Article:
Title

Motor Skills and Social Skills In Elementary School Children

Date of Award

2002

Degree Type

Dissertation

Degree Name

Doctor of Philosophy (PhD)

Department

Human Performance and Recreation

First Advisor

Charlotte Humphries

Advisor Department

Human Performance and Recreation

Abstract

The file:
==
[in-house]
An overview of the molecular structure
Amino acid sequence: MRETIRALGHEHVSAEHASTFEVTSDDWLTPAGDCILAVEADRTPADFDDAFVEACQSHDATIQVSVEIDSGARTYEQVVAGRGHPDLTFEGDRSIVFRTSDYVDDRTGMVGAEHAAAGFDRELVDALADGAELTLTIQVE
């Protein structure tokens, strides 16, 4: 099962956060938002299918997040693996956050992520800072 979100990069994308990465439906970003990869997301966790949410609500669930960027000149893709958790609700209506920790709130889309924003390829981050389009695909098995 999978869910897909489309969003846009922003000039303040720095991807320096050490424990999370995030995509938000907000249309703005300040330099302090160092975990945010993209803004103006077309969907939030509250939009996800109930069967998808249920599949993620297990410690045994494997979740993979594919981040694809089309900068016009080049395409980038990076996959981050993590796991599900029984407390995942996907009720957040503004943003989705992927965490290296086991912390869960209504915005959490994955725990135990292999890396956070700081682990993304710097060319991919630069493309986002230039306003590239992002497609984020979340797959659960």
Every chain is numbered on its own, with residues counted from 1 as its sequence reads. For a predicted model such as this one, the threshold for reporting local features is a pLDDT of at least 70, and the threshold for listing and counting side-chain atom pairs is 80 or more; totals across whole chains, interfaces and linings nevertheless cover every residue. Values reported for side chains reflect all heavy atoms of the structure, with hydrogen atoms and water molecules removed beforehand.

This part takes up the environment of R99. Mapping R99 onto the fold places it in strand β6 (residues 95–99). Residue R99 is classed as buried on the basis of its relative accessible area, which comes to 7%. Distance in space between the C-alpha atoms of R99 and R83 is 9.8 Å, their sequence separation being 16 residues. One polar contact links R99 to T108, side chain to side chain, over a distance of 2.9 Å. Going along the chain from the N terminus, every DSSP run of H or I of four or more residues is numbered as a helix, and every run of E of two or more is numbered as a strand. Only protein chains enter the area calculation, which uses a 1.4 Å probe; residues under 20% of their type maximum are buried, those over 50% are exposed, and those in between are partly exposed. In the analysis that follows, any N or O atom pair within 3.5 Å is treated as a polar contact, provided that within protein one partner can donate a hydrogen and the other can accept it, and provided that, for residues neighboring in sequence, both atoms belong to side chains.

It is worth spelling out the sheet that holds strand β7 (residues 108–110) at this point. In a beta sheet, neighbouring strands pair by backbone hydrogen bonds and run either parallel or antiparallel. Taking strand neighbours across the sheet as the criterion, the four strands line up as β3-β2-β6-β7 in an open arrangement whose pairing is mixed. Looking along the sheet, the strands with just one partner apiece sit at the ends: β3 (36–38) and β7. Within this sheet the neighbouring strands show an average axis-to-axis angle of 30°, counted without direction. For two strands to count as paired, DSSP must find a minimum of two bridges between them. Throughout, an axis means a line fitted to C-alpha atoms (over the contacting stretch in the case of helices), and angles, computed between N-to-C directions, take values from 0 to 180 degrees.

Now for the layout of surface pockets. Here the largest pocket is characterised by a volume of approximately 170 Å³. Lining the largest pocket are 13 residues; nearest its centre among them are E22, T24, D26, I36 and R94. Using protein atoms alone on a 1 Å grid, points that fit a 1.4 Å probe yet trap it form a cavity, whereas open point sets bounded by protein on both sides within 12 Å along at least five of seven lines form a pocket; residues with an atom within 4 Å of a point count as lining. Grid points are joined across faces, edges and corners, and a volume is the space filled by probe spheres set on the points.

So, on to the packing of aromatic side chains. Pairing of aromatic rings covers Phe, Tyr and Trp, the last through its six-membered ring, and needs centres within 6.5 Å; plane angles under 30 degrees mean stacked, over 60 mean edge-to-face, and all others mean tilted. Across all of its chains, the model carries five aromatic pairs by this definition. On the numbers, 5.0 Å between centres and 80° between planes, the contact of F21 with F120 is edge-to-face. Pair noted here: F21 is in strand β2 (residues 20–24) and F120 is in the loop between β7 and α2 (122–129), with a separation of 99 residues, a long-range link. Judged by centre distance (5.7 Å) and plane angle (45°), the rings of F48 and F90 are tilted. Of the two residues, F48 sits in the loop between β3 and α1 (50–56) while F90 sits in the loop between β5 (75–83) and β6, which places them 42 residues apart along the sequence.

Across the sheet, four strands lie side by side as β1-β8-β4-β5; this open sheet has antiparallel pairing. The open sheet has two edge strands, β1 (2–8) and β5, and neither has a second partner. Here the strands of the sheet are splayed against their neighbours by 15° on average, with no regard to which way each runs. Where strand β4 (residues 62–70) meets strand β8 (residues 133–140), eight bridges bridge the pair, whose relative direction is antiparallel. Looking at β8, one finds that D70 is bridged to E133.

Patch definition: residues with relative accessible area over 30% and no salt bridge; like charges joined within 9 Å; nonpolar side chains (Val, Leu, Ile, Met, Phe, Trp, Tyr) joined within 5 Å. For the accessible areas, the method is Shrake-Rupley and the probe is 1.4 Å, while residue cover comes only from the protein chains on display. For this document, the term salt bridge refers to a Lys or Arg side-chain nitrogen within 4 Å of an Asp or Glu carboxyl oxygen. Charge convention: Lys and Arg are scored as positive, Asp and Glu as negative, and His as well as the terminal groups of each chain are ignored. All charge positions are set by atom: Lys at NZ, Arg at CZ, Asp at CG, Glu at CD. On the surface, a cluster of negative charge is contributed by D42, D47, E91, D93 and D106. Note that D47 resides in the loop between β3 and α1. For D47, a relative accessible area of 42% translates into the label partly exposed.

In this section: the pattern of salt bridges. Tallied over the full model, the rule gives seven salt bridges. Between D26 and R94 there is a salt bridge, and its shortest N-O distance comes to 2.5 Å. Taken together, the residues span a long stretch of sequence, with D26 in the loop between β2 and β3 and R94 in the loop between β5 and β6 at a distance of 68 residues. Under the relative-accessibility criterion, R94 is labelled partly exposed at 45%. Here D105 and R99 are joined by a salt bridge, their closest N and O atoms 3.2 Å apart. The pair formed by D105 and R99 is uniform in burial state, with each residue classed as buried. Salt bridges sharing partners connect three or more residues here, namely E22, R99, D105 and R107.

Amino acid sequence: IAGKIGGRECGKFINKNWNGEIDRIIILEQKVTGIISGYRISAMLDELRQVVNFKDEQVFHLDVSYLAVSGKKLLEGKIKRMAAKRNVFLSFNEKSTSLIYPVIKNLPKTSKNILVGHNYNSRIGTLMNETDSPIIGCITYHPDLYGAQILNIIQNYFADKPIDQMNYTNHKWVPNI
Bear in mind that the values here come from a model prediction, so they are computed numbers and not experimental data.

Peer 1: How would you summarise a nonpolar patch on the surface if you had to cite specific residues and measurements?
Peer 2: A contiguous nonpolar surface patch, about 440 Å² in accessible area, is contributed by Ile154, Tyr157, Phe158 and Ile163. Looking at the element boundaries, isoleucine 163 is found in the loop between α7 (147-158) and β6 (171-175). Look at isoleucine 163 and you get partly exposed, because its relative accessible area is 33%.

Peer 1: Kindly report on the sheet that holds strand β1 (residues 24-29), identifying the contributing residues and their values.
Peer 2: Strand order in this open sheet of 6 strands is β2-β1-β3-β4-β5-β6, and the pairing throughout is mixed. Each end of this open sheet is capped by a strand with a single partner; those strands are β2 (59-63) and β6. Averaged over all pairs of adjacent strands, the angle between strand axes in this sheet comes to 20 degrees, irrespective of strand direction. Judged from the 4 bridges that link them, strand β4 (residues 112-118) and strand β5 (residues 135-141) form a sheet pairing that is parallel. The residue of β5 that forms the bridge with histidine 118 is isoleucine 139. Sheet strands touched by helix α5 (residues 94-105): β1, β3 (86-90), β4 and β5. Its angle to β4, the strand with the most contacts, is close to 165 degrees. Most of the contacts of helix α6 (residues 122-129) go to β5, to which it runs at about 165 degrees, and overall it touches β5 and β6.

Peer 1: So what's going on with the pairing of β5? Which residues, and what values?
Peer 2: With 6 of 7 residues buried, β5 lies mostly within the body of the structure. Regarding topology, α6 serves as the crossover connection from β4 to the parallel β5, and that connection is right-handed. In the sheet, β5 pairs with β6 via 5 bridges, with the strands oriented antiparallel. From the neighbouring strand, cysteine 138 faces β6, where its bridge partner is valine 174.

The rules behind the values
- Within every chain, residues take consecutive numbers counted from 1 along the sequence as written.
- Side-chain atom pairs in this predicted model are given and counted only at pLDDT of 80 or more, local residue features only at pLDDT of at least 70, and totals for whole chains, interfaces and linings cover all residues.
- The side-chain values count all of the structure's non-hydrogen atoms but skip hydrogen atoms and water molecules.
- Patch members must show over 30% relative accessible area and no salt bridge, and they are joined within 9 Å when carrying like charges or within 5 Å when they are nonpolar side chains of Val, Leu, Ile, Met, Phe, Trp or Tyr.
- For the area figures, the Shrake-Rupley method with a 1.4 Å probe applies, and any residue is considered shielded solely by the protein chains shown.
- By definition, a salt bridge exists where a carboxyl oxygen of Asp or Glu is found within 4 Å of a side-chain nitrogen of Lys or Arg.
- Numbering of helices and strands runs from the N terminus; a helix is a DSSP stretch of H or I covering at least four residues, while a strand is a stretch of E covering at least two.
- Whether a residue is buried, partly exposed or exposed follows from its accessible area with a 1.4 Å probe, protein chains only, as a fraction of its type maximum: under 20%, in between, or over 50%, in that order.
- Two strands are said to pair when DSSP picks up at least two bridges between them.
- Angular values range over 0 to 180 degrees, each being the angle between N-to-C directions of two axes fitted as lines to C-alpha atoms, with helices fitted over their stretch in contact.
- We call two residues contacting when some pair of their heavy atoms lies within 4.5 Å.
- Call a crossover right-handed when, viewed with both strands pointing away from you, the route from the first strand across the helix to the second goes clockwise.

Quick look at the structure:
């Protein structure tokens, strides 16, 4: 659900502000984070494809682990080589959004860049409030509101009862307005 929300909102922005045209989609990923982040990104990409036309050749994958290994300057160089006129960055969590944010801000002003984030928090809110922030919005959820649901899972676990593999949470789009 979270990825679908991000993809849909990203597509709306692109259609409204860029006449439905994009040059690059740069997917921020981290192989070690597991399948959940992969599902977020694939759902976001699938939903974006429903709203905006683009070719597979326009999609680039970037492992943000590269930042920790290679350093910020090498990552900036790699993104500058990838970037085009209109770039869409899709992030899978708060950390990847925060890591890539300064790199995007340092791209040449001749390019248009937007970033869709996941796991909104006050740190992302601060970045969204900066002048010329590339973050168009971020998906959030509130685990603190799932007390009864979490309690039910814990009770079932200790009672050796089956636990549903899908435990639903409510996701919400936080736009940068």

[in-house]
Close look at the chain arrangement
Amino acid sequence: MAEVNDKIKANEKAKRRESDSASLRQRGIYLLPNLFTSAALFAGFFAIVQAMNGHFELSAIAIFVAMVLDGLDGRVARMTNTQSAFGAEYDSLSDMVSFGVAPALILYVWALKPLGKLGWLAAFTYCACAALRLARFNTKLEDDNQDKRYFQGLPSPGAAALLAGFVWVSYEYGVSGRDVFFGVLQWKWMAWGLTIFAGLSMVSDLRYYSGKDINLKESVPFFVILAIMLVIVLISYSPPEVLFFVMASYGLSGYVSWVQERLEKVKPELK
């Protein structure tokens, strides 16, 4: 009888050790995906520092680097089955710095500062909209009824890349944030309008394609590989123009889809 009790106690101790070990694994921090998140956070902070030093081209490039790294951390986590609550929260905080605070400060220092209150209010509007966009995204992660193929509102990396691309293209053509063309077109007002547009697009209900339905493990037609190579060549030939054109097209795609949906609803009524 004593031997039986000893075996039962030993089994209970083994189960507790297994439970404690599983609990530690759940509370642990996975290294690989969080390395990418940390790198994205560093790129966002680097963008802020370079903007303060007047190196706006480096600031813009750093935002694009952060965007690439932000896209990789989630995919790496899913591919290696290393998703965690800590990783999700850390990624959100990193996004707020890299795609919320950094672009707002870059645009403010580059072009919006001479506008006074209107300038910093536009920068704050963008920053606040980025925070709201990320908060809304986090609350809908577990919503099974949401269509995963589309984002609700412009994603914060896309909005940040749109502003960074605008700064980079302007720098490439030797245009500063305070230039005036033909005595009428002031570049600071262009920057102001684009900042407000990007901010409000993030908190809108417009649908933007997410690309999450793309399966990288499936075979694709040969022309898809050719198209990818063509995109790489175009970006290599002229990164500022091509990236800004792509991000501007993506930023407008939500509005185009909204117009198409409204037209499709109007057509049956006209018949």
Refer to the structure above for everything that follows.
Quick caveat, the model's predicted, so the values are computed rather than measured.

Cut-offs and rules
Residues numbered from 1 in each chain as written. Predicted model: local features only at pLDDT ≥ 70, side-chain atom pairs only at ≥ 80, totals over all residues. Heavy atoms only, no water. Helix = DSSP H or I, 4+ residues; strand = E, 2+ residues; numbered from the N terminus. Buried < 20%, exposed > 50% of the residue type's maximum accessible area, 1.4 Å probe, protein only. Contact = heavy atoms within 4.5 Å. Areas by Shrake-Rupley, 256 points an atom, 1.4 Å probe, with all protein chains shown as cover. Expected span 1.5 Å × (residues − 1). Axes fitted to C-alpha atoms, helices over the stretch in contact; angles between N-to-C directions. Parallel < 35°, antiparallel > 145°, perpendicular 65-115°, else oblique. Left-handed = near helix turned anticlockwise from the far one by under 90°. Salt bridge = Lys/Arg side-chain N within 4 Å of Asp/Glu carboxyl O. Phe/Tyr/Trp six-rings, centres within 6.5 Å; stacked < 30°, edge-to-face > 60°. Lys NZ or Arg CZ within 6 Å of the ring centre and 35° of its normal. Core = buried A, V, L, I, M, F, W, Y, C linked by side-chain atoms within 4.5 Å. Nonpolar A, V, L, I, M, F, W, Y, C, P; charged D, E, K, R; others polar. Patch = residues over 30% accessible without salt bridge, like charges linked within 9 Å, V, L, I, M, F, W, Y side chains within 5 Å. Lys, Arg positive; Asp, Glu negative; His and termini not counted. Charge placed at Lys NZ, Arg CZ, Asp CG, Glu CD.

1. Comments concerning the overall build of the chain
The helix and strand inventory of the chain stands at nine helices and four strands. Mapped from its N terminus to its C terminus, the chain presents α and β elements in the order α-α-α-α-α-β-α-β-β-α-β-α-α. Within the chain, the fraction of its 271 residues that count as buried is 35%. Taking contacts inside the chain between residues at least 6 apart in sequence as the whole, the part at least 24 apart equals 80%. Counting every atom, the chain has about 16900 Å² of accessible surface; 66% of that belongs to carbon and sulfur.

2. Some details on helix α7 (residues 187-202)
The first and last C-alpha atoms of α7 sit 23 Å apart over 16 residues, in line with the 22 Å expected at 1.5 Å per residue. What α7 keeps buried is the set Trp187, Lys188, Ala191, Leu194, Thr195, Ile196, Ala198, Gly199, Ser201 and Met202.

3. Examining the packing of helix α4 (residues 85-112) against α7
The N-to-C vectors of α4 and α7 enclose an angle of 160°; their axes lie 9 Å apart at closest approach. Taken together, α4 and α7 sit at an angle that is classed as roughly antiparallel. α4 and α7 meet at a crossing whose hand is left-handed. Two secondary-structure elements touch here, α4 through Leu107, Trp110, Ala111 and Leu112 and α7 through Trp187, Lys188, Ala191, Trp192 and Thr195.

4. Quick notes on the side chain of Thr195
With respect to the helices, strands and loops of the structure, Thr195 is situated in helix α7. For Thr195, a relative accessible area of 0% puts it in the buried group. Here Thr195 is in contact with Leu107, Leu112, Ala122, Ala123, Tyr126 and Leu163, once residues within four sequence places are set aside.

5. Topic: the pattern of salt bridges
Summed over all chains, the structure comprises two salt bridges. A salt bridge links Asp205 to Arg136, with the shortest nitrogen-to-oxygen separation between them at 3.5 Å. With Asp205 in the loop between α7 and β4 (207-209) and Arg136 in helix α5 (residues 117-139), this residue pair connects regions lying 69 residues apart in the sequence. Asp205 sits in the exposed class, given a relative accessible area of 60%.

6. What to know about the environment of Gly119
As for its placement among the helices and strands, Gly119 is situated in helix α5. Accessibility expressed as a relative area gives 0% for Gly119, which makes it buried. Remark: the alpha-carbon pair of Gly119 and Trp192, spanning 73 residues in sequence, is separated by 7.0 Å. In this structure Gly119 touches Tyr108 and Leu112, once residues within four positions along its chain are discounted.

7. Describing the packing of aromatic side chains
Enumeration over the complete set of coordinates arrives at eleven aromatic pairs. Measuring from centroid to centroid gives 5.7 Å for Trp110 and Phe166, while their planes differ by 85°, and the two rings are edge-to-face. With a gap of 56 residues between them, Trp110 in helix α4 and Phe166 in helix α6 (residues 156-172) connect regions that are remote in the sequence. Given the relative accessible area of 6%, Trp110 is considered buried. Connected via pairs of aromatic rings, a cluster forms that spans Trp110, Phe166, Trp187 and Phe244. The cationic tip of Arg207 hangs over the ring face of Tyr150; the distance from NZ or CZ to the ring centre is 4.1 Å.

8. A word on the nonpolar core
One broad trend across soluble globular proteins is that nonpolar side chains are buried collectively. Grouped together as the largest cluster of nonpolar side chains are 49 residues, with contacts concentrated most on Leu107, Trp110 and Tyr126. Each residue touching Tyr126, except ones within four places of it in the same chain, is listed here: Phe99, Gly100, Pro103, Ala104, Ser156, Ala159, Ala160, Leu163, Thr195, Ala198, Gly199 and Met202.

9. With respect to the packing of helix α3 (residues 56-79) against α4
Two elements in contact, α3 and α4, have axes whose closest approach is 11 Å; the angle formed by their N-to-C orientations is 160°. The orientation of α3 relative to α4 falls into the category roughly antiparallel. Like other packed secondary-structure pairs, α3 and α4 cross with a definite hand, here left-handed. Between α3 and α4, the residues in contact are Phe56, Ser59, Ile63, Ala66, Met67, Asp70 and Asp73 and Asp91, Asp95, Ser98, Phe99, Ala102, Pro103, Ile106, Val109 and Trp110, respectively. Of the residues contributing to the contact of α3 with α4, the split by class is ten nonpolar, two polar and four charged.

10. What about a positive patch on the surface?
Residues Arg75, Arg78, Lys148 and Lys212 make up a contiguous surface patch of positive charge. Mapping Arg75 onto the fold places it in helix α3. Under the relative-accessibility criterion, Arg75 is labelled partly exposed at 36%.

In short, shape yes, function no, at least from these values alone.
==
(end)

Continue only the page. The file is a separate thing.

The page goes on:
The purpose of this study is to determine if there is a relationship between a child's self-perceived social skills and actual selected locomotor and object control skill performance. The Test of Gross Motor Development (TGMD) and the Social Skills Rating System ( SSRS ): Student Form were administered to 123 elementary students in grades 3-5. Total raw scores as well as subscores for locomotor skills and object control skill were calculated. The SSRS: Student Form provided a total score and subscores for cooperation, assertion, self-control and empathy. A significant positive correlation was found between motor skills and social skills for all third graders (r = .429), third grade boys (r = .616), and third grade girls (.399). Significant correlations between locomotor skills and social skills were found for all boys (r = .338), all third graders (r = .393), and all third grade boys (r = .505). Significant correlations between object control skills and social skills were found for all third graders (r = .309) and third grade girls (r = .389). Significant correlations were found between cooperation and motor skills for all boys (r = .371), all third graders (r = .361), and all third grade boys (r = .624). Significant correlations were found between assertion and motor skills for all subjects (r = .209), all boys (r = .538), all third graders ( r = .419), and third grade boys. Significant correlations between empathy and motor skills were found for all third graders (r = .419), third grade boys (r = .461) and third grade girls (r = .450). There were no significant correlations between self-control and motor skills. The differences in correlations for boys and girls could be attributed to the typical play of boys which may differ from the games played by girls. For third graders, activities involving motor skills may be a more important source of socialization for boys than for girls. As students mature they may engage in less physical play for socialization. Fourth and fifth graders may have found other means to hone social skills and have friendships that do not involve physical play.